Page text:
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Municipality Level Dengue Risk Prediction Modeling in Brazil and its Impacts for Future Public Health Interventions

Matlack, Meghan (2022) Municipality Level Dengue Risk Prediction Modeling in Brazil and its Impacts for Future Public Health Interventions. Doctoral Dissertation, University of Pittsburgh. (Unpublished)

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Abstract

Current prediction models for dengue risk are restricted to country-wide estimates or are insufficient at accounting for localized variations in outbreak risk. These models focus primarily on climate and large-scale factors that may not reflect true risk across municipalities or neighborhoods, and do not account for other determinants of health that have also been previously correlated with risk of dengue. We hypothesized that widespread municipality-level dengue outbreak forecasting would have the potential to better capture small-scale transmission dynamics and provide more accurate local outbreak predictions. We built several boosted regression tree (BRT) models to predict outbreak risk for 167 municipalities in Pernambuco, Brazil. Using training data from 2010-2015, we utilized climate, prior surveillance data, and social and environmental indicators of health as features for classification of regions as low or high risk for dengue in 2016. Our best model included real-time temperature and precipitation, lagged climate effects and prior surveillance data. This model gave a training AUC of 0.963 and a testing AUC of 0.939, with a total of 1,842 correct observations from 2,004 predictions. Additionally, this model successfully predicted 74.8% of high risk classifications, a marked improvement from previous iterations. Quantification of predictor associations through univariate and multivariate regression analyses revealed correlations fairly consistent with our BRT results. In general, we saw that inclusion of most socio-environmental predictors had minor influence over BRT predictions, and were not statistically significant in correlation with increased dengue risk when compared to other predictors. We can conclude from this dissertation research that a BRT approach is effective for modeling dengue transmission dynamics and can successfully predict high risk dengue regions using relevant climatic factors as well as prior case data, though more research is needed to establish strong socio-environmental patterns with small-scale dengue outbreak risk. Predictive models can serve as in-depth complementary tools to current dengue surveillance systems by providing useful information on upcoming outbreaks and by estimating where most cases are most likely to occur prior to peak transmission. Further development of these models can also provide the insight necessary to restructure current vector control policies and strengthen existing dengue intervention practices.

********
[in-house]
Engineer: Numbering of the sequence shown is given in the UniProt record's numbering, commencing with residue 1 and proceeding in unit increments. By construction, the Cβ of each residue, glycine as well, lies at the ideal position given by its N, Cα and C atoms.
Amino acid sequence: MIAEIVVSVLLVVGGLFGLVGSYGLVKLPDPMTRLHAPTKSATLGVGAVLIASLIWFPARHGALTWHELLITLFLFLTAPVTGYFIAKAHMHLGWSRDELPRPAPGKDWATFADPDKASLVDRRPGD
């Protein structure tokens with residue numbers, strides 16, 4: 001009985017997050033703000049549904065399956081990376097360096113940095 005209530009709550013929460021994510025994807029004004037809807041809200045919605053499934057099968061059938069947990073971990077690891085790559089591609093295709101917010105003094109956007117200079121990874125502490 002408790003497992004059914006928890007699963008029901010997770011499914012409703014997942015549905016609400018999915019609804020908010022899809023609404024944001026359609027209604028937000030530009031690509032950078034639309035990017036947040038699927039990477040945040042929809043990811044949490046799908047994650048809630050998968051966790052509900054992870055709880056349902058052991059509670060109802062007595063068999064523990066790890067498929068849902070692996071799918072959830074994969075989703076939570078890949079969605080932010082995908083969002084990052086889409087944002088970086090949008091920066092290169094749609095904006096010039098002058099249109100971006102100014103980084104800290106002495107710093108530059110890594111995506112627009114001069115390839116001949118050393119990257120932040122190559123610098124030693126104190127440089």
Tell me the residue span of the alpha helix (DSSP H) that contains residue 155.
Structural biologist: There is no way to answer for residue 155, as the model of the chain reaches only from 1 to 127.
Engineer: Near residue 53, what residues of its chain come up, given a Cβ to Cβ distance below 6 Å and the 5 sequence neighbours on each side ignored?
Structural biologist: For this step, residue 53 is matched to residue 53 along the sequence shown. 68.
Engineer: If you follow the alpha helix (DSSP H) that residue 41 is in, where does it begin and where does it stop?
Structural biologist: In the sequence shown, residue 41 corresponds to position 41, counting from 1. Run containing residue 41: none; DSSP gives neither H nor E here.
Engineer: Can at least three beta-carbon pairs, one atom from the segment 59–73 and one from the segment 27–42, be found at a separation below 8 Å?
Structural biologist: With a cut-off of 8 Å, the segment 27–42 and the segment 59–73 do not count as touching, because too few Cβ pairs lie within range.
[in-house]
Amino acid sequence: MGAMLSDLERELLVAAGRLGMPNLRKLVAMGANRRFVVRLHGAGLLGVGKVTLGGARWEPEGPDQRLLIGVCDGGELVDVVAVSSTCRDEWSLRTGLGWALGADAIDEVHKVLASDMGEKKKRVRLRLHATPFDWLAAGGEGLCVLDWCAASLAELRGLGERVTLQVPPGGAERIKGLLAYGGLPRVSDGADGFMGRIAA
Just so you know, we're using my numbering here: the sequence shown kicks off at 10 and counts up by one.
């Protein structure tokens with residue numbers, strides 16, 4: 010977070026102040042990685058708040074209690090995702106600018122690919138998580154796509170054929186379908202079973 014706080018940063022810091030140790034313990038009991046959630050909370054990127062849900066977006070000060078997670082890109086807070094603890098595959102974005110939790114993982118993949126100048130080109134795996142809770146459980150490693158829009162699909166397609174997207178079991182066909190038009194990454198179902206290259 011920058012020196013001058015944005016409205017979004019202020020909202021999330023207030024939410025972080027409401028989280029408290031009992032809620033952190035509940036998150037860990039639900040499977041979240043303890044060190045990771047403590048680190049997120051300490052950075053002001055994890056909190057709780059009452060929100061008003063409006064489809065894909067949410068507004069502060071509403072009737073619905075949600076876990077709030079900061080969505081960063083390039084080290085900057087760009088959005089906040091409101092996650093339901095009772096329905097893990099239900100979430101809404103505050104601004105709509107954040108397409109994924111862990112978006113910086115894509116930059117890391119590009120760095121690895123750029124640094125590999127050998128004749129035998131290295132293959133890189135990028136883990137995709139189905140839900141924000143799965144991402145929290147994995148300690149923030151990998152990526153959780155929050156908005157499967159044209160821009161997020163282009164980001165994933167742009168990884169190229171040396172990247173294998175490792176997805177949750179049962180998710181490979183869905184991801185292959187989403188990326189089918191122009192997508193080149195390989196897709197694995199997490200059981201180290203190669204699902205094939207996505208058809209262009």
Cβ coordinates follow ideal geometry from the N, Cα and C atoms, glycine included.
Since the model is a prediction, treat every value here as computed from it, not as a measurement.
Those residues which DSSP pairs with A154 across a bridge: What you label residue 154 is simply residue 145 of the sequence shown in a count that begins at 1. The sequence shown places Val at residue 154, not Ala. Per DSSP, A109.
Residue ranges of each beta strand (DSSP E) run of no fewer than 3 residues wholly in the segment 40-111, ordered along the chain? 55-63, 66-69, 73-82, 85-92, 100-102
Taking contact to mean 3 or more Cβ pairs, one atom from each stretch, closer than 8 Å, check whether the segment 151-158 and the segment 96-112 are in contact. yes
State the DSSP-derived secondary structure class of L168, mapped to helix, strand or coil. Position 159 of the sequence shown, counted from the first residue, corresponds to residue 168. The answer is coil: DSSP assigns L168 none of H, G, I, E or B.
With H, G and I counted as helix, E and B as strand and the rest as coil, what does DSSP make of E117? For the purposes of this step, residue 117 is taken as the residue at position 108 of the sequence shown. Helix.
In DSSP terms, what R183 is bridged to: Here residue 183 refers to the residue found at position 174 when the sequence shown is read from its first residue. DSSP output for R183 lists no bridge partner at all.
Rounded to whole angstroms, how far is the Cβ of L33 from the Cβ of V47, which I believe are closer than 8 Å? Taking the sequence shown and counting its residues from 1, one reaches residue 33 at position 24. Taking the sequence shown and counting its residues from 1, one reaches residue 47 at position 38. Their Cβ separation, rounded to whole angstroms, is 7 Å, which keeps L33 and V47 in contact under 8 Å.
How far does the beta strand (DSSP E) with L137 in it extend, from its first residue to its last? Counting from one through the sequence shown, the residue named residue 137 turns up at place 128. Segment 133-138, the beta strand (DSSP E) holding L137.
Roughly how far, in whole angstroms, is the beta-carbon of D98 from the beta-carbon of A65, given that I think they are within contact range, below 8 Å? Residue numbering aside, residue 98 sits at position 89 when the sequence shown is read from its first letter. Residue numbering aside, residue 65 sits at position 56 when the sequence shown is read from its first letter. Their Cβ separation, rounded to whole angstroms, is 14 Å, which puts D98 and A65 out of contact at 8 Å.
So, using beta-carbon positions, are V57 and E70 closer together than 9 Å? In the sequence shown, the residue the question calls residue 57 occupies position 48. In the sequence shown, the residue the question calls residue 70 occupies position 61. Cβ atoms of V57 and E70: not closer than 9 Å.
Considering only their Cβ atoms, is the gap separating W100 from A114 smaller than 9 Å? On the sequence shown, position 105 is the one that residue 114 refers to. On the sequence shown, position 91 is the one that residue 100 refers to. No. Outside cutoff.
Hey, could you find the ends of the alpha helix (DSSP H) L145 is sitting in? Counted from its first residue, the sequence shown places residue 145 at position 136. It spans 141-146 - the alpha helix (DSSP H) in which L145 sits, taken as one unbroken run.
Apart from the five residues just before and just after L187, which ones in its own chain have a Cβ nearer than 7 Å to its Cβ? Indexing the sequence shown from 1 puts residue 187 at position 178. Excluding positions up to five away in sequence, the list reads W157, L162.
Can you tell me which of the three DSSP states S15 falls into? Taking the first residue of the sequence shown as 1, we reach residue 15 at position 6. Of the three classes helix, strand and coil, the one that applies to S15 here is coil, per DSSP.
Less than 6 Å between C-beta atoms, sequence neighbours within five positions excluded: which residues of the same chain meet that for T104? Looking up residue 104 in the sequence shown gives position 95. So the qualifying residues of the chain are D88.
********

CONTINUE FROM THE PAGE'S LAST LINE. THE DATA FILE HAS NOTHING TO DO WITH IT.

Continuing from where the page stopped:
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Details

Item Type: University of Pittsburgh ETD
Status: Unpublished
Creators/Authors:
CreatorsEmailPitt UsernameORCID
Matlack, Meghanmem325@pitt.edumem3250000-0003-2846-5304
ETD Committee:
TitleMemberEmail AddressPitt UsernameORCID
Committee ChairBarchowsky, Aaronaab20@pitt.eduaab20
Committee MemberLichtveld, Maureenmlichtve@pitt.edumlichtve
Committee MemberHochheiser, Harryharryh@pitt.eduharryh
Committee MemberJalal, Hawrehjalal@uottawa.ca
Date: 10 May 2022
Date Type: Publication
Defense Date: 14 April 2022
Approval Date: 10 May 2022
Submission Date: 29 April 2022
Access Restriction: No restriction; Release the ETD for access worldwide immediately.
Number of Pages: 155
Institution: University of Pittsburgh
Schools and Programs: Graduate School of Public Health > Environmental and Occupational Health
Degree: PhD - Doctor of Philosophy
Thesis Type: Doctoral Dissertation
Refereed: Yes
Uncontrolled Keywords: infectious disease, vector-borne disease, predictive modeling, climate change, public health informatics, environmental health
Related URLs:
Date Deposited: 10 May 2022 18:46
Last Modified: 10 May 2022 18:46
URI: http://d-scholarship.pitt.edu/id/eprint/42837

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